As an electric customer, being able to tap the shoulder of your electric company leader while at the local diner or grocery store is pretty cool. That kind of closeness is a trait of electric cooperatives, which typically have compact service areas compared to large electric companies.
Cooperatives operate on a non-profit, cost-of-service basis. North Carolina has 26 electric co-ops in 93 of North Carolina’s 100 counties, SC has 20 co-ops. They serve more than four million members in the Carolinas. (Customers are the members.)
Co-ops’ common bond is a high-touch, participatory governance. Management is chosen by and answers to members. That means that co-op members have a responsibility to know their management and their coop. No small responsibility since power providers fill important public health, safety and convenience needs.
ECC asked for an expert look at this responsibility. Lisa Crawley at North Carolina’s Electric Cooperatives in Raleigh responded with three ways that coop members in her state can exercise their membership responsibility and improve their energy use, too.
Join in co-op events and elections
Electric cooperatives are democratically controlled organizations, which means the people, called members, who receive electric service from their cooperative, get to cast a vote for who they want to represent them on the co-op’s board of directors. Participating in the election is one of the best demonstrations of member engagement because the elected board of directors establishes the cooperative’s policies, goals and strategies. By casting a vote in the election, co-op members are making sure their voices are heard. The fact that co-op members are owners of their not-for-profit cooperative and have a voice and a vote in its activities is a large part of what sets co-ops apart from other types of utilities.
Participate in community programs
As locally owned electric utilities, co-ops are in tune with local communities and offer many programs to support vitality in those communities. Co-ops across North Carolina fund Bright Ideas grants for innovative classroom projects and support Touchstone Energy Sports Camp Scholarships that send deserving middle school students to basketball camp on college campuses for free. The wide variety of programs offered by co-ops also includes an annual Youth Tour to Washington, D.C., for high school students, and in some areas, a program that rounds up a member’s electric bill to the next dollar each month and donates the difference to benefit the local community or neighbors in need. Participating in these kinds of initiatives is a great way to engage with your cooperative, and live the cooperative principle of “concern for community.”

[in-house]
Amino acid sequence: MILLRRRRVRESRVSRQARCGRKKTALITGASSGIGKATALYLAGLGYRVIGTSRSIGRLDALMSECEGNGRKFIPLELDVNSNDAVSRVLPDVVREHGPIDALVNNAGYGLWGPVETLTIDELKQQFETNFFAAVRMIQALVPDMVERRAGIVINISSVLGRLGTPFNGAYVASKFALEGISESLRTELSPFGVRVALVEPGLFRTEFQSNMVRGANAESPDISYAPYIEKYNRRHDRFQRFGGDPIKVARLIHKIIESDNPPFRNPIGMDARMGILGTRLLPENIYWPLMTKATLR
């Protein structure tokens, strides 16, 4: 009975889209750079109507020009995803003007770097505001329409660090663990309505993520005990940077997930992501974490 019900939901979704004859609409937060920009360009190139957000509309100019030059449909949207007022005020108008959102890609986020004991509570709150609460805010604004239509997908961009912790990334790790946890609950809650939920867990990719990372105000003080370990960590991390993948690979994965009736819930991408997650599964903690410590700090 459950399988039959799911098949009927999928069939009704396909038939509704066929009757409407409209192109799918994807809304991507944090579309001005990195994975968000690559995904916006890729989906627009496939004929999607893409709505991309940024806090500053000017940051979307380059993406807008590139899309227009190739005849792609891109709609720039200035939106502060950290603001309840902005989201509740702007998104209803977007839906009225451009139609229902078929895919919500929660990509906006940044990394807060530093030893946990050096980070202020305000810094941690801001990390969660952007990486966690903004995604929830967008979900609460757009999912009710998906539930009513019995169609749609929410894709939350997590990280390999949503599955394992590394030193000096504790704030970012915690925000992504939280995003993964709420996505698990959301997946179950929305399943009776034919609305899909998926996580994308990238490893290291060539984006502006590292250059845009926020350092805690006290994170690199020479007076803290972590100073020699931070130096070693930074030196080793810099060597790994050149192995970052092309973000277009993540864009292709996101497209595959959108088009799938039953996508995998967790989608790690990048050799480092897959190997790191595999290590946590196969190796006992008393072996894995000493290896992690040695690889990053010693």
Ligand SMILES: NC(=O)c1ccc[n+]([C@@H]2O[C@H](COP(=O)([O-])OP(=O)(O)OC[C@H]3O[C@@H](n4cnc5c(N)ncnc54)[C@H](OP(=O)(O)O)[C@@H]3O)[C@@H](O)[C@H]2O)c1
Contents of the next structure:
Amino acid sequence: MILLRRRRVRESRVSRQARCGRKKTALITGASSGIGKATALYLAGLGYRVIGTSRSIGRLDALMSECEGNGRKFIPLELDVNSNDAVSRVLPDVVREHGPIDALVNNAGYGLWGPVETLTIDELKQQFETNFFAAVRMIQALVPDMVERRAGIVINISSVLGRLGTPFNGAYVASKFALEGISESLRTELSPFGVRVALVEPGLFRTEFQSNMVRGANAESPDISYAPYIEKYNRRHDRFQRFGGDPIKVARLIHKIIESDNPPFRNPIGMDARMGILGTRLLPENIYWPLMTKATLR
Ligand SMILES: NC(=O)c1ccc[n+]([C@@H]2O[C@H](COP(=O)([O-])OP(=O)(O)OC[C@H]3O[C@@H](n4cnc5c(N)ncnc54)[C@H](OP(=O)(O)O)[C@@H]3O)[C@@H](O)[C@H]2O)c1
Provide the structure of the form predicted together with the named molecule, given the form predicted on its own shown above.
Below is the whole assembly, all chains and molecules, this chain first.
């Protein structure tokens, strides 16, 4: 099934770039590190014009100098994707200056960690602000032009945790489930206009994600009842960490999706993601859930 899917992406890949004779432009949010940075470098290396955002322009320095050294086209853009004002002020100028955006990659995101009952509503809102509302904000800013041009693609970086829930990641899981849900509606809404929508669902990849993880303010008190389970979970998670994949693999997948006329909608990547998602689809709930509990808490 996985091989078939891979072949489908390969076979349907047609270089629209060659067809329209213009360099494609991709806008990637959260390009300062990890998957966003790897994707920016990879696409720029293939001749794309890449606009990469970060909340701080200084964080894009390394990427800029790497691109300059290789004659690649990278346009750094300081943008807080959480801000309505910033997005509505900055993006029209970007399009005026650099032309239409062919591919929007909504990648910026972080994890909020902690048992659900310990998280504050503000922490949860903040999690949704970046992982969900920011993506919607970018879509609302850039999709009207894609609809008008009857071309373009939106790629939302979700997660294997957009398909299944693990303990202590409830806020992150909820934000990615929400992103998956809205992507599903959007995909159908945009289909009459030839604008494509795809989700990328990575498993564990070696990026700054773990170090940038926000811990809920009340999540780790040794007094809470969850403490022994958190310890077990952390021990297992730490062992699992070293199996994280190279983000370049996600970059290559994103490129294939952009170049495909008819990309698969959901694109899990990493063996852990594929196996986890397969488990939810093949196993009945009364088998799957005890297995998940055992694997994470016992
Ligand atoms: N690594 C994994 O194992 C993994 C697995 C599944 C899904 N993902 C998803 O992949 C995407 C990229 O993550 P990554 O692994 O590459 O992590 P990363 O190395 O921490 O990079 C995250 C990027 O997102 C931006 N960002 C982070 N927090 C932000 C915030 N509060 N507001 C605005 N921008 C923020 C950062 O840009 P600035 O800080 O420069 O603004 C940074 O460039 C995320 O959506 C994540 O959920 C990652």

Engage in energy management
Co-op members can also join co-op energy management programs, many of which lessen the demand for electricity during times when it is most expensive, creating savings for the entire membership. Examples include internet-enabled device programs that allow the co-op to slightly adjust members’ thermostats and water heater settings during times of high demand for energy, without ever compromising comfort. There are also programs that give notice to members so they can take steps within their own homes and businesses to shift energy use to off-peak times. These demand response efforts are a great demonstration of how cooperatives live up to their name by allowing members to work together to save energy, bring down costs and work toward the collective good.
Programs and tools, like pay-as-you-use billing, special rates and energy monitoring portals, empower members to take control and better manage their energy use. Cooperatives in North Carolina are also pursuing a number of other innovative efforts—from microgrids to community solar to a statewide EV charging network—that give members more control and convenience, and opportunities to use electricity in new and beneficial ways. See them here.
Thanks, Lisa! Good advice.
ECC repeats this particular point from Lisa: By casting a vote in the election, co-op members are making sure their voices are heard. This is true of co-ops no matter the state: Members have to invest their personal effort to receive the best possible cooperative experience. It’s the members’ organization.
Not all cooperatives or state-level organizations operate exactly the same way. For specific information about South Carolina’s co-ops, here’s the website.